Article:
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112 dead, 95 missing in Tianjin blasts

Updated: 2015-08-17 06:20

112 dead, 95 missing in Tianjin blasts

Smoke billows from the site of an explosion in Tianjin, August 13, 2015. [Photo/CFP]

The young man from Central China's Hunan province also sustained a broken bone in his foot and bruises on his arms.

Despite the tragedy, Liao said he wants to continue his profession, because he was "loath to part with my comrades-in-arms."

Zhou Ti, a 19-year-old firefighter who was rescued on Friday morning, is in stable condition after being treated in thoracic surgery department of TEDA. He can have liquid food starting from Sunday morning.

Han Fengqun, a 50-something man who was rescued 50 meters away from a burst point on Saturday afternoon, however, is in critical condition for respiratory failure caused by serious lung damage, according to sources with the No. 254 hospital in Tianjin.

Local authorities are working on a compensation plan for residents in a community worst hit by the blasts, according to Zhang Chuanjie, an official with the Binhai New Area, where the warehouse was located.

The subsidies are expected to help the residents to take temporary dwellings in the next quarter, Zhang said, adding that it would take a long time for the damaged apartments to be revamped.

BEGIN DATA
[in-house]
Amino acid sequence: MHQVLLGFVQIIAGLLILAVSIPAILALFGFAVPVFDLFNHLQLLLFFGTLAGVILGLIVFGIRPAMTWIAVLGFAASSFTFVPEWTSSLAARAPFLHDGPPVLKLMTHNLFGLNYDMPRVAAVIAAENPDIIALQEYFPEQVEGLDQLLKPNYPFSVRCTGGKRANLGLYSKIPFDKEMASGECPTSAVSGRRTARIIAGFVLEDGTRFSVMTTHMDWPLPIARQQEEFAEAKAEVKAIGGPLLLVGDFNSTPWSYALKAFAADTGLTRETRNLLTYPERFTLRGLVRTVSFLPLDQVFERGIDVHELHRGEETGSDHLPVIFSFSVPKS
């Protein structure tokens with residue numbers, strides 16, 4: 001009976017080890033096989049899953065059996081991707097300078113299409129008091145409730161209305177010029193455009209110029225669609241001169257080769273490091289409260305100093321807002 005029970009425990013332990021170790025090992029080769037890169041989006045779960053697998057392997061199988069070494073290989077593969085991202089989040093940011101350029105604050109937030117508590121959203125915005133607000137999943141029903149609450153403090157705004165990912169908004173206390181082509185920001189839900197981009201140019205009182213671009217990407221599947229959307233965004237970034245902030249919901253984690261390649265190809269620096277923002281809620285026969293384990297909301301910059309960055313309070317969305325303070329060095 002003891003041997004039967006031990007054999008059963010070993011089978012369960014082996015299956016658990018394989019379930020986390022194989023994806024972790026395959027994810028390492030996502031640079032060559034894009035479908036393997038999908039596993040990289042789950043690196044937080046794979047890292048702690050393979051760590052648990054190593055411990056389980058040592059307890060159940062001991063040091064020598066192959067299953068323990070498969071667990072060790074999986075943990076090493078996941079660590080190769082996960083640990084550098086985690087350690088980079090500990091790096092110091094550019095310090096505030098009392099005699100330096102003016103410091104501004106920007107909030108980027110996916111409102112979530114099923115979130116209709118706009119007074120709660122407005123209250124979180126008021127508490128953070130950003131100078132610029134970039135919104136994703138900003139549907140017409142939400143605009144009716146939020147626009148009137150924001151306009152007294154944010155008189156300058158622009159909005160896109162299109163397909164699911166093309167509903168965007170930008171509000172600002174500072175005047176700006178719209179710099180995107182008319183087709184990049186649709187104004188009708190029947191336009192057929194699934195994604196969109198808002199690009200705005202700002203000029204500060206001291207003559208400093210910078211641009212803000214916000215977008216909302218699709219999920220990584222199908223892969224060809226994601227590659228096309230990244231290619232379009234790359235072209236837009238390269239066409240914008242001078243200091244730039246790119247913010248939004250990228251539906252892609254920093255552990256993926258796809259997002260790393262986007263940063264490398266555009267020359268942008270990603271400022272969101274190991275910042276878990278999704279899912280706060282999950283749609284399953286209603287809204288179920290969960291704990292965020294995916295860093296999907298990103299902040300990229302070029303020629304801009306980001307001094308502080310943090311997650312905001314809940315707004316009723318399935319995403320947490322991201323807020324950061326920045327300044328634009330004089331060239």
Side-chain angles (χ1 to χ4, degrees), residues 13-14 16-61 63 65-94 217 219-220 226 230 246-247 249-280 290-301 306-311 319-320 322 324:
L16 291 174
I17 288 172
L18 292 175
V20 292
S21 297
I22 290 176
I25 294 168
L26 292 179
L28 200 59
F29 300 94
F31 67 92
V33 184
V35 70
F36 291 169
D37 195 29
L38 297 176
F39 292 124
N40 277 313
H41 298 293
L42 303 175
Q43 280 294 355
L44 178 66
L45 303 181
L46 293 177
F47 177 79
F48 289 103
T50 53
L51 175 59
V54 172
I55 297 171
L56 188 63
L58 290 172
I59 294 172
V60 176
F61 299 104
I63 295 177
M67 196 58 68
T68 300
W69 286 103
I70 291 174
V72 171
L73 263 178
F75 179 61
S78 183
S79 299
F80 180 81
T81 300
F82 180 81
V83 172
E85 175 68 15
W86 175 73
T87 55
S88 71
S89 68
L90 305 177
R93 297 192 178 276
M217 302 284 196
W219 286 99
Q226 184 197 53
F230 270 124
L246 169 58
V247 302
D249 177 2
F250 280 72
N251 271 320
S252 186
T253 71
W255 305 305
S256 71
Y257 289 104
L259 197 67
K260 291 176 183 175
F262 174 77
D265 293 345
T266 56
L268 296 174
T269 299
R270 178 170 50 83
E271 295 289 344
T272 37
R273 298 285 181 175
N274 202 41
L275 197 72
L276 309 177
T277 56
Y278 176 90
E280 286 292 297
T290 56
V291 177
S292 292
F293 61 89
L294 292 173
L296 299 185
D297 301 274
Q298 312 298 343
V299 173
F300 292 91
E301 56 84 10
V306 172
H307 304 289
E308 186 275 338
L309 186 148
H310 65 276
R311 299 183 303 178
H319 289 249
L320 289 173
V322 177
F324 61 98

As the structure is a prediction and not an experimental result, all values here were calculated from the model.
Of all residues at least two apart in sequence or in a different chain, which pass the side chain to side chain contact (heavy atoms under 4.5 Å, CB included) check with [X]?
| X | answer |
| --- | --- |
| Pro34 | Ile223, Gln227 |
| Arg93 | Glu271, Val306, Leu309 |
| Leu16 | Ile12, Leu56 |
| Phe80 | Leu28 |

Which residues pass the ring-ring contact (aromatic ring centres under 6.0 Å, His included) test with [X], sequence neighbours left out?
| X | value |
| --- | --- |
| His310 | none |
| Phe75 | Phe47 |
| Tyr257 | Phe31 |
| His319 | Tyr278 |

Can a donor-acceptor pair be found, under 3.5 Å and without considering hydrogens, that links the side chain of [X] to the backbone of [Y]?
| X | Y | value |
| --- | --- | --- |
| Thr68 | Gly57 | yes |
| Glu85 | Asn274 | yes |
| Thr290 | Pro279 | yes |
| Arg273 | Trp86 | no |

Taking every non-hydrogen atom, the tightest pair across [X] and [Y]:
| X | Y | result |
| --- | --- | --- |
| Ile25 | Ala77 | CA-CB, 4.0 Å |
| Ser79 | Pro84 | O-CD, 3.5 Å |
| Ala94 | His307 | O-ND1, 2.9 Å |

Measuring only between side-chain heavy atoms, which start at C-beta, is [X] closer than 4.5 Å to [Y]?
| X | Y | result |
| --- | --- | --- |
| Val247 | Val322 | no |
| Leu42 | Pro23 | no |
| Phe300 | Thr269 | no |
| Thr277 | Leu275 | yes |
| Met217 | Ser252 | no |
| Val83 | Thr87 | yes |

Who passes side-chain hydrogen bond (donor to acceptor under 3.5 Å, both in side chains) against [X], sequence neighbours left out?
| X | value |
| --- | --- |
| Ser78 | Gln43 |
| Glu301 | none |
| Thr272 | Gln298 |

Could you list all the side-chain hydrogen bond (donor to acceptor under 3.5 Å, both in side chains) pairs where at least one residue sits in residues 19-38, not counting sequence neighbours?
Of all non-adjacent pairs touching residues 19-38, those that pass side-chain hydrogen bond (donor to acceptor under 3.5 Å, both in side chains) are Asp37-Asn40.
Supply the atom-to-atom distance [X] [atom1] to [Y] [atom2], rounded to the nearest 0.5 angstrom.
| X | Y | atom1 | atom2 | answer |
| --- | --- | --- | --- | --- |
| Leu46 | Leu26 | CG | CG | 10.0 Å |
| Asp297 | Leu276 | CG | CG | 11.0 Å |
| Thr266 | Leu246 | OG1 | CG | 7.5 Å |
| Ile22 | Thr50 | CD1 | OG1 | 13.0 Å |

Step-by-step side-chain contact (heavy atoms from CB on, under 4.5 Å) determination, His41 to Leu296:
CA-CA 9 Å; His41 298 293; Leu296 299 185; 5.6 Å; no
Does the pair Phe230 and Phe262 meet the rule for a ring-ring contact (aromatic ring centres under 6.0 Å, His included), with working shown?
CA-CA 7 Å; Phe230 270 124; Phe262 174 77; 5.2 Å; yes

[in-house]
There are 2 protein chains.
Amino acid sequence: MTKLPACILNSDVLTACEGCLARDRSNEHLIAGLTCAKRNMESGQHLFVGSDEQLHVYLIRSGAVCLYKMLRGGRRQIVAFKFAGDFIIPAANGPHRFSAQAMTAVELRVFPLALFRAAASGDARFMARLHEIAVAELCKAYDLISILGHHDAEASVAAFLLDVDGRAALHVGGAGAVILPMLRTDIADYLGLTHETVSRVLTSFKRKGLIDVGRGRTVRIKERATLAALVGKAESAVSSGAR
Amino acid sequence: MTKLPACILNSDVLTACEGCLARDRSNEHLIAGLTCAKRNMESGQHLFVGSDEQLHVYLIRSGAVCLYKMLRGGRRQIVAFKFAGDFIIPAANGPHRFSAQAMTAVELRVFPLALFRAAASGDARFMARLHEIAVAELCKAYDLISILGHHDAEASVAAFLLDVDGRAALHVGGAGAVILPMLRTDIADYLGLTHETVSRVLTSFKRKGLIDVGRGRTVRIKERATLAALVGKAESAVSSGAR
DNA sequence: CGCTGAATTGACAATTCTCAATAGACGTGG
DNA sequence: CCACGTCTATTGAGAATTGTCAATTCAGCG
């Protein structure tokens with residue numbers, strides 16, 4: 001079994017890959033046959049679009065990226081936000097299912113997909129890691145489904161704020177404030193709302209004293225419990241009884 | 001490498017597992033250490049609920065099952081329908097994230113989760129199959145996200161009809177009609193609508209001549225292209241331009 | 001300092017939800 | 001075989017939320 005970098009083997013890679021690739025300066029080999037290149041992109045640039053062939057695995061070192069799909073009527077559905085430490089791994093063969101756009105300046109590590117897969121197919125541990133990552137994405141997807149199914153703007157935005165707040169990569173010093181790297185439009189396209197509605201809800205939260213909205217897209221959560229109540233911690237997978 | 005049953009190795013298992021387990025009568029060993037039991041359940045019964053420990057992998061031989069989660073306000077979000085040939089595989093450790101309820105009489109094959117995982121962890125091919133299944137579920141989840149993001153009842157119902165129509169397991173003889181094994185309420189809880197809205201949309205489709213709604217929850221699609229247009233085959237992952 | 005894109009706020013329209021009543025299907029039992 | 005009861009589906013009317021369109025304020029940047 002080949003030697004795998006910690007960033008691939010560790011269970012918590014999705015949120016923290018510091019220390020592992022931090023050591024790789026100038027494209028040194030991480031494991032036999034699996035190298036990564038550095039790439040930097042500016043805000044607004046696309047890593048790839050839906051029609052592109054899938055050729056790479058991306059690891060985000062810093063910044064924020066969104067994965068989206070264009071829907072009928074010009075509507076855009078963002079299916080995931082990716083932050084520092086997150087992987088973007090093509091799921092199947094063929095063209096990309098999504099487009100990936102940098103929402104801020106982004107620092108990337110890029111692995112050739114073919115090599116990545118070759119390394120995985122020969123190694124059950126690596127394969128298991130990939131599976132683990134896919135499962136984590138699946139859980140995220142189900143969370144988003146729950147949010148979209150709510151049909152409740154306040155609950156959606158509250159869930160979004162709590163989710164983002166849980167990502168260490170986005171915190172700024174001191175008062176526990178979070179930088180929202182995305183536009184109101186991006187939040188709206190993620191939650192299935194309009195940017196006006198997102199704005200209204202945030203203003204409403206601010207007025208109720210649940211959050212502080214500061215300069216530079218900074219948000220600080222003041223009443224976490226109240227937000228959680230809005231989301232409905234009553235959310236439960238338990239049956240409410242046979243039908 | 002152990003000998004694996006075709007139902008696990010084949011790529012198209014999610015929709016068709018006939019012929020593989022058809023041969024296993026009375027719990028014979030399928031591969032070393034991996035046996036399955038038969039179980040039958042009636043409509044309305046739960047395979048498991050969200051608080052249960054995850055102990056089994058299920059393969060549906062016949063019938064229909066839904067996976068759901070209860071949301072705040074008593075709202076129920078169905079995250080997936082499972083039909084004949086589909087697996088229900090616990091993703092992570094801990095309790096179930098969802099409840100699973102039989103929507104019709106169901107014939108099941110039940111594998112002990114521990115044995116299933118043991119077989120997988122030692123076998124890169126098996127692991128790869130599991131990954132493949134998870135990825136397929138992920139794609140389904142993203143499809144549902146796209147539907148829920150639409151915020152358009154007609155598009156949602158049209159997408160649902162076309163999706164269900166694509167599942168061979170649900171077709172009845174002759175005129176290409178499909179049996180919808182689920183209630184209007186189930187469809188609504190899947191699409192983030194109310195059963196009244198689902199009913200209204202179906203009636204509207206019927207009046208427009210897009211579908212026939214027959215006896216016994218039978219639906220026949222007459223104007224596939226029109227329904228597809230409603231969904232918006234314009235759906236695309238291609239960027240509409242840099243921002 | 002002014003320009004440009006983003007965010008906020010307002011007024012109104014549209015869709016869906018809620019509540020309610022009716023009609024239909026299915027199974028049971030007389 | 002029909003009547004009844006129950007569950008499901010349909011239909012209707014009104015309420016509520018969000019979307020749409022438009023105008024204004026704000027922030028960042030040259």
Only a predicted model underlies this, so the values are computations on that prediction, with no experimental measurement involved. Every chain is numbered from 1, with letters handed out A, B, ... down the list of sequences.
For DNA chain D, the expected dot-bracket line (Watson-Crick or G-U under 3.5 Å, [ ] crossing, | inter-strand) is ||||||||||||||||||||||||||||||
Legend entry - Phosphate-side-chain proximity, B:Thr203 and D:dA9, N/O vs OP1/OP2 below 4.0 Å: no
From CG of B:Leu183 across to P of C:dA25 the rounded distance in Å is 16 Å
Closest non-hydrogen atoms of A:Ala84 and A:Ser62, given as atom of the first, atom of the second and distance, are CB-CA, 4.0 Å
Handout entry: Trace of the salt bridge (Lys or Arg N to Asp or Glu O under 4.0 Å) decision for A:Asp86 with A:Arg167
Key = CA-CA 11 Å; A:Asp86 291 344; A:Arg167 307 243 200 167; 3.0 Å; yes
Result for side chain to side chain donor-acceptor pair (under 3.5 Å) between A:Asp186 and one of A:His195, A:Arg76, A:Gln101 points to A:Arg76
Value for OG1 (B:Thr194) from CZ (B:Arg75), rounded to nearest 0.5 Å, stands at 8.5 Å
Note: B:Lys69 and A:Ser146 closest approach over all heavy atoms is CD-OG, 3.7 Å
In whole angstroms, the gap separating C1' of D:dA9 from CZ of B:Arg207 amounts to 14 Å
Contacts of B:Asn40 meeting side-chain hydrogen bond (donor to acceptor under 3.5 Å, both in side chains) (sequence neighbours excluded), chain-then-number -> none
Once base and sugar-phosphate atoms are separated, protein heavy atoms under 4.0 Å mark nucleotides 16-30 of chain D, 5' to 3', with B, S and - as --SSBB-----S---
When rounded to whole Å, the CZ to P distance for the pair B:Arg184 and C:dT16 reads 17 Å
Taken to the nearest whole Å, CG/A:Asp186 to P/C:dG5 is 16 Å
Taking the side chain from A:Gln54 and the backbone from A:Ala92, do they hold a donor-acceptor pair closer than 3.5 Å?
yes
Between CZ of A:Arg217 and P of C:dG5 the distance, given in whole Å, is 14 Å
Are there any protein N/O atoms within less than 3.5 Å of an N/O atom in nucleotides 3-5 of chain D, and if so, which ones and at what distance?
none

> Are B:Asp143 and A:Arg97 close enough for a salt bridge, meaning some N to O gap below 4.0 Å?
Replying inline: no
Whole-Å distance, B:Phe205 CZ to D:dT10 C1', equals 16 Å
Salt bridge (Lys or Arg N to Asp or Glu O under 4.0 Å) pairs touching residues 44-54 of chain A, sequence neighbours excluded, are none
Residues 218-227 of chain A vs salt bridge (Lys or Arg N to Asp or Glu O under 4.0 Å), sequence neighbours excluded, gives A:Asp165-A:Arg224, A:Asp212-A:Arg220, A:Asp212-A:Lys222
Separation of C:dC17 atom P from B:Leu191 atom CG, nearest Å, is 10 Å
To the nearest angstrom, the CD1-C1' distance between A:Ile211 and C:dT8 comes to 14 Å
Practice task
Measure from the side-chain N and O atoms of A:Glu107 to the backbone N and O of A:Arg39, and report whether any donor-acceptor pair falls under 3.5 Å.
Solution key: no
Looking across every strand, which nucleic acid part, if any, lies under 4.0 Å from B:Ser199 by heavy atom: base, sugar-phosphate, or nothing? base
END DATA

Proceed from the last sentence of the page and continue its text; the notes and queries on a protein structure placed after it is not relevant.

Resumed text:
Located only about 600 meters away from the blast site, the community had two residents killed and nearly all doors and windows destroyed.

Covering more than 40,000 square meters, the complex accommodates more than 3,100 households in 44 high-rises.

The residents will be allowed into homes to get their property in the following days, Zhang said.


The Supreme People's Procuratorate announced on Sunday it has begun to investigate whether there is any dereliction of duty involved in the explosions.

As of Sunday, no officials nor the company handling the warehouse of Ruihai International Logistics Co. Ltd, has been held accountable for the explosions, but the procuratorate said it will look into possible illegal acts, such as abuse of power or dereliction of duty and deal with those acts which may constitute crimes.

A Saturday commentary published by the newspaper affiliated to the top anti-graft watchdog said industrial tragedies revealed loopholes in China's law enforcement, urban planning and supervision, as it went on to question why several communities of over 5,600 households were located within 1,000 meters of the warehouse for dangerous chemicals.

"Until the moment of the explosions, the communities' developers and residents did not know they had lived right beside a 'volcano'," the commentary said.

"The sputtering flames engulfed not only lives and property, but also the sense of security," it said. "It again called public attentions to the question of 'how to guarantee people's lives and property'."


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